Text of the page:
Today we commemorate the catastrophic #nuclear accident that took place in #Fukushima 10 years ago. This disaster has shown us the risks of #NuclearEnergy. Also @SvenjaSchulze68

With a view to the decision by Germany’s largest neighbour country France to extend the running time of old nuclear reactors, she said that while the “principle of energy sovereignty” would have to be respected, there are “technical and economic limits to retrofitting”. Especially plants near the German border would be “monitored very closely and critically”, the minister said, adding that the German government expected France to enable “comprehensive cross-border cooperation” on the matter.  More than half of all EU states do not use nuclear power at all or are considering a phase-out, Schulze said.

“Together with likeminded countries in Europe, I will actively work towards more countries joining the phase-out of nuclear power,” she stated. Schulze minister colleagues from Austria and Belgium, Leonore Gewessler and Tinne van der Straeten, joined her German counterpart in a joint message published on Twitter, in which the three state representatives said they will work towards ending the use of nuclear power in Europe and pave the way for an energy system solely based on renewables.

Nuclear “poison for a secure and climate-just future” – NGOs

Ten years after the disaster, Japanese officials in Fukushima still grapple with key questions regarding the removal, storage and processing of the plant’s nuclear waste. These problems remain unresolved and many former residents are still not allowed to return to their homes, Schulze said. “If we’ve learned something from all this then it has to be the common goal to protect people from further devastation from nuclear power.” For Germany, nuclear power’s “residual risk” simply had been too significant to carry on with the technology, she argued. Of the six remaining reactors in the country, three will go offline as planned in 2021 and the remaining three at the end of 2022. A 2019 survey found that 77 percent of people in Germany support the nuclear phase-out and 60 percent also its quick finalisation by the end of next year.

A group of more than 50 civil society and environmental groups backed the government’s stance on excluding nuclear energy from Germany’s emissions reduction plans, arguing that claims about the technology being “climate neutral” and “environmentally friendly” would be “poison for a secure and climate-just future”. In a joint letter, the group including NGOs like Germanwatch, BUND, NABU or PowerShift said nuclear power could have no future in energy systems and called on the government to double down on its efforts to phase-out the technology, including a shutdown of uranium enrichment facilities in Germany and an end of EU nuclear power project funding. Investments instead should flow into renewable power, storage technology and efficiency gains, the group argued.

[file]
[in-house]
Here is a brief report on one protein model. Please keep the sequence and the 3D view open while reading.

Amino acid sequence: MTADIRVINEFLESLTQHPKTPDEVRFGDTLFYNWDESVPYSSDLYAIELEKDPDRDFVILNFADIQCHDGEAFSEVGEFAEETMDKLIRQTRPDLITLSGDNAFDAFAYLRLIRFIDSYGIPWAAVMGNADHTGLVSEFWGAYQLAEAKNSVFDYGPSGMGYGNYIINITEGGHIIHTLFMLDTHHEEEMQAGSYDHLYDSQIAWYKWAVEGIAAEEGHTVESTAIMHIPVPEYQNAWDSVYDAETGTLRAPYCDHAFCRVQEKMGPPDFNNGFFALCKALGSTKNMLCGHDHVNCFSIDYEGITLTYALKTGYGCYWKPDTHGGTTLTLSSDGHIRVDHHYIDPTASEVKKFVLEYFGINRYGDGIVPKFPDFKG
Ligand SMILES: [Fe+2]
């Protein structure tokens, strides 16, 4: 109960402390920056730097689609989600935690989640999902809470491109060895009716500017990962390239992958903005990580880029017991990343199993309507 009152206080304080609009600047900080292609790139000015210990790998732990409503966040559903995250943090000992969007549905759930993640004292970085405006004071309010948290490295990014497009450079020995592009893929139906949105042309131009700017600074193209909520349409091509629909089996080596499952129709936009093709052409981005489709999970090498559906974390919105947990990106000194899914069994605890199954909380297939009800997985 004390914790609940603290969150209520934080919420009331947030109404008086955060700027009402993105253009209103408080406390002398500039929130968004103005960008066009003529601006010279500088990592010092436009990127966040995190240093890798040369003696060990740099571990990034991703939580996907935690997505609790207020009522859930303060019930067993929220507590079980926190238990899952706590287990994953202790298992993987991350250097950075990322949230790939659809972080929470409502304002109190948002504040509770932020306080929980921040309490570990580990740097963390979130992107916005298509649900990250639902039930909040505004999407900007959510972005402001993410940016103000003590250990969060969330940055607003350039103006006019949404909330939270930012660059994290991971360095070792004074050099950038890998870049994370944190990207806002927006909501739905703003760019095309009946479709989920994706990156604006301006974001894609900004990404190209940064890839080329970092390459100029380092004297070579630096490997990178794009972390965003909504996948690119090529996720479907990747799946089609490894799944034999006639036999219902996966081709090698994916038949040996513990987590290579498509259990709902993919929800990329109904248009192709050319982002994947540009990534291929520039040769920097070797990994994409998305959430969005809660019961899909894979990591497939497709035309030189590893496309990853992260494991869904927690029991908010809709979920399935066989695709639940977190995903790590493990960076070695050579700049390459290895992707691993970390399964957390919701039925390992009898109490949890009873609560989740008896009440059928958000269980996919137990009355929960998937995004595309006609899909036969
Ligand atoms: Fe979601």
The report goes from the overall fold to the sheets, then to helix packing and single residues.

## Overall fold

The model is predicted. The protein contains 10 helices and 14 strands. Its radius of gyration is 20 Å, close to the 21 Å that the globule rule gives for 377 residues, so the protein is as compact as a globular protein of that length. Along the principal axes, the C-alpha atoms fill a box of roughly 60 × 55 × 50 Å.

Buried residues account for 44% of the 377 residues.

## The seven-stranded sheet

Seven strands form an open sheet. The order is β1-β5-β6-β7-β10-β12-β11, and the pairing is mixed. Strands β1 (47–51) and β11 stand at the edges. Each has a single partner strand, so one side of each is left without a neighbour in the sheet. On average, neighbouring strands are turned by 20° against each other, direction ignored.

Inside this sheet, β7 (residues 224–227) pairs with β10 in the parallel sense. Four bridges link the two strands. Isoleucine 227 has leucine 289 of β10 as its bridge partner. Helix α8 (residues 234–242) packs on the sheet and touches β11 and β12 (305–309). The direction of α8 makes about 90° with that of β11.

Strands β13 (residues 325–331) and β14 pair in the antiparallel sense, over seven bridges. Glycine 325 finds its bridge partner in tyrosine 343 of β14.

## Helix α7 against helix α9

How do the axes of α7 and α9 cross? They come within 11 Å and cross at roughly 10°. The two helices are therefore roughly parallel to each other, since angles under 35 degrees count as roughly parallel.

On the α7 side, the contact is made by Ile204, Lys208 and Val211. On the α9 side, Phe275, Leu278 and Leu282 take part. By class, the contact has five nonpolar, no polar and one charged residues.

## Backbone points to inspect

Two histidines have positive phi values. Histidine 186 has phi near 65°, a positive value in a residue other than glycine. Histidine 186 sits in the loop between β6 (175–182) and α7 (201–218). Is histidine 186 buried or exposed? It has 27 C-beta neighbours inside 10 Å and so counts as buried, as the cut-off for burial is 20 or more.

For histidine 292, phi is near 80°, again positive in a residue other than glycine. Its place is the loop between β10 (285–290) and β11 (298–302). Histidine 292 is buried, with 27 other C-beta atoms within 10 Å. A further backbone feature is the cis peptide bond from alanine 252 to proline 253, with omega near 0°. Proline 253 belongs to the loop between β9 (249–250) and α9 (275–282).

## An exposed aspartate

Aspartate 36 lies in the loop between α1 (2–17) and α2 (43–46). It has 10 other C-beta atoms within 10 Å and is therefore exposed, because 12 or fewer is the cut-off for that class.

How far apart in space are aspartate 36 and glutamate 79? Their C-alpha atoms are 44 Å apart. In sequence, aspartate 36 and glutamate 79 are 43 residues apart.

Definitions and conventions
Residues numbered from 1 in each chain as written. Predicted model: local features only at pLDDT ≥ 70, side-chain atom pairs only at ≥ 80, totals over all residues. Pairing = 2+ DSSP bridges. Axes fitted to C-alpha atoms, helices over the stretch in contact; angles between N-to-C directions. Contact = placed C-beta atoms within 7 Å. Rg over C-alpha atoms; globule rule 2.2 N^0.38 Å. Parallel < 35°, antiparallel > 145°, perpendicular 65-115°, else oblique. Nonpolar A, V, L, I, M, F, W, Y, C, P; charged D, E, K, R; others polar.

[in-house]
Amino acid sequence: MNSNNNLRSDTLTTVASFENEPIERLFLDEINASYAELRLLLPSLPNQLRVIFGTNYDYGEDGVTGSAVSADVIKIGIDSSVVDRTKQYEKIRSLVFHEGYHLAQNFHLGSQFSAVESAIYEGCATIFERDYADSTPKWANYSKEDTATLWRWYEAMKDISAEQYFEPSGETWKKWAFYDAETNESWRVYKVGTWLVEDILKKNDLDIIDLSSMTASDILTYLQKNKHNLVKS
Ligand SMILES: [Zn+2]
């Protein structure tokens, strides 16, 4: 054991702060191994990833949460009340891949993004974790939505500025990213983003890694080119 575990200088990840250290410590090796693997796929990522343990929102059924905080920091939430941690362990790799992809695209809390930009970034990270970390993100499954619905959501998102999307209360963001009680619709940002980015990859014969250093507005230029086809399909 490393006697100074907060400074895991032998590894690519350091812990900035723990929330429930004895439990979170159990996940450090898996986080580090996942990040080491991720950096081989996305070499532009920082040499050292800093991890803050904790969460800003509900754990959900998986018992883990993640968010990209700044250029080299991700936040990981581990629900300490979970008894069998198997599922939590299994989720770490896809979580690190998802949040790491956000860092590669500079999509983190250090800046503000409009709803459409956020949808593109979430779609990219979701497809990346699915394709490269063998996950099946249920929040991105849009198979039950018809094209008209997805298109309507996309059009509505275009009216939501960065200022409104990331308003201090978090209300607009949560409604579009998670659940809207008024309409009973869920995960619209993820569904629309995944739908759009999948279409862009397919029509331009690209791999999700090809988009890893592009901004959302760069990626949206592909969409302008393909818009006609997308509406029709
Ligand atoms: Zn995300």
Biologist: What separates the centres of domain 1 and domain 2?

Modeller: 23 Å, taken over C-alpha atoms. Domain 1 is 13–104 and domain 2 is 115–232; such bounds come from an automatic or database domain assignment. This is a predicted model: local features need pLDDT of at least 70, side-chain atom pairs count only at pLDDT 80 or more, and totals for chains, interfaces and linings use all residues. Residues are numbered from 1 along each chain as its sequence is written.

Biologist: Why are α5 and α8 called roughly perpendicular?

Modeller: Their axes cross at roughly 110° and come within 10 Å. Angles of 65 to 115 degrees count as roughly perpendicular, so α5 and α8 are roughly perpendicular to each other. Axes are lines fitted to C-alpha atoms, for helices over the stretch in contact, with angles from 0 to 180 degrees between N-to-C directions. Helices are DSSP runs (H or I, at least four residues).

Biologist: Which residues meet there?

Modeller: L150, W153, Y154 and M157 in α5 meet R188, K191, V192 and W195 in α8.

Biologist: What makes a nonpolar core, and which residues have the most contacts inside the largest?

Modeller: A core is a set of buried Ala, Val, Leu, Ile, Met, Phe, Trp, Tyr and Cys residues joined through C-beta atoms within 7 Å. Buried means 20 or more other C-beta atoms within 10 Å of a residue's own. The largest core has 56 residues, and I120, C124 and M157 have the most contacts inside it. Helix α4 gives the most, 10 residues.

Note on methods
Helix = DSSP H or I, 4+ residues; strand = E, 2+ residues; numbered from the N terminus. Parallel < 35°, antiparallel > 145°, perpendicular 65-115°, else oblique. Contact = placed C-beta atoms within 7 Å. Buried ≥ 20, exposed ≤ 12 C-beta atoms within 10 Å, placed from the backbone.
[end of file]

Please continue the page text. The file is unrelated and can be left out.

March 13, 2021 Posted by | Germany, politics | Leave a comment

Widespread public support for Germany’s nuclear phaseout, as renewable energy expands

TechXplore, 5 Mar 21,    ”……….By the end of 2022, Germany will have achieved its goal of completely phasing out nuclear power, set by Chancellor Angela Merkel on May 30, 2011.

The plan represented a dramatic change of course by Merkel’s ruling conservatives, who just a few months earlier had agreed to extend the lifespan of Germany’s oldest power stations.

It was met with widespread public support in a country with a powerful anti-nuclear movement, fuelled first by fears of a Cold War conflict and then by disasters such as Chernobyl.

Yet it also prompted a lengthy legal battle with major energy companies, which ended Friday with Berlin’s agreement to pay 2.4 billion euros worth of compensation to nuclear power plant operators………

The German government is still looking for a long-term storage site for the country’s residual nuclear waste.

Renewables have seen a spectacular rise since 2011 and in 2020 made up more than 50 percent of Germany’s energy mix for the first time, according to the Fraunhofer research institute—compared with less than 25 percent 10 years ago.

The declining importance of nuclear power (12.5 percent in 2020) “has been compensated for by the expansion of renewable energies”, Claudia Kemfert, an energy expert at the DIW economic research institute, told AFP.

Nuclear power stations have therefore not been replaced by coal, though the fossil fuel does still represent almost a quarter of the electricity mix.

March 6, 2021 Posted by | Germany, politics | Leave a comment

Germany to pay nuclear operators 2.4 bln euros for plant closures

March 6, 2021 Posted by | business and costs, Germany, politics | Leave a comment

Get the Nuclear Weapons Out of Germany

Get the Nuclear Weapons Out of Germany , Let’s Try Democracy, By David Swanson, Executive Director of World BEYOND War, and Heinrich Buecker, der World BEYOND War Landeskoordinator in Berlin-27 Jan 21, Billboards are going up in Berlin that proclaim “Nuclear Weapons Are Now Illegal. Get Them Out of Germany!”

What can this possibly mean? Nuclear weapons may be unpleasant, but what exactly is newly illegal about them, and what do they have to do with Germany?

Since 1970, under the Nuclear Nonproliferation Treaty, most nations have been forbidden to acquire nuclear weapons, and those already possessing them — or at least those party to the treaty, such as the United States — have been obliged to “pursue negotiations in good faith on effective measures relating to cessation of the nuclear arms race at an early date and to nuclear disarmament, and on a treaty on general and complete disarmament under strict and effective international control.”……….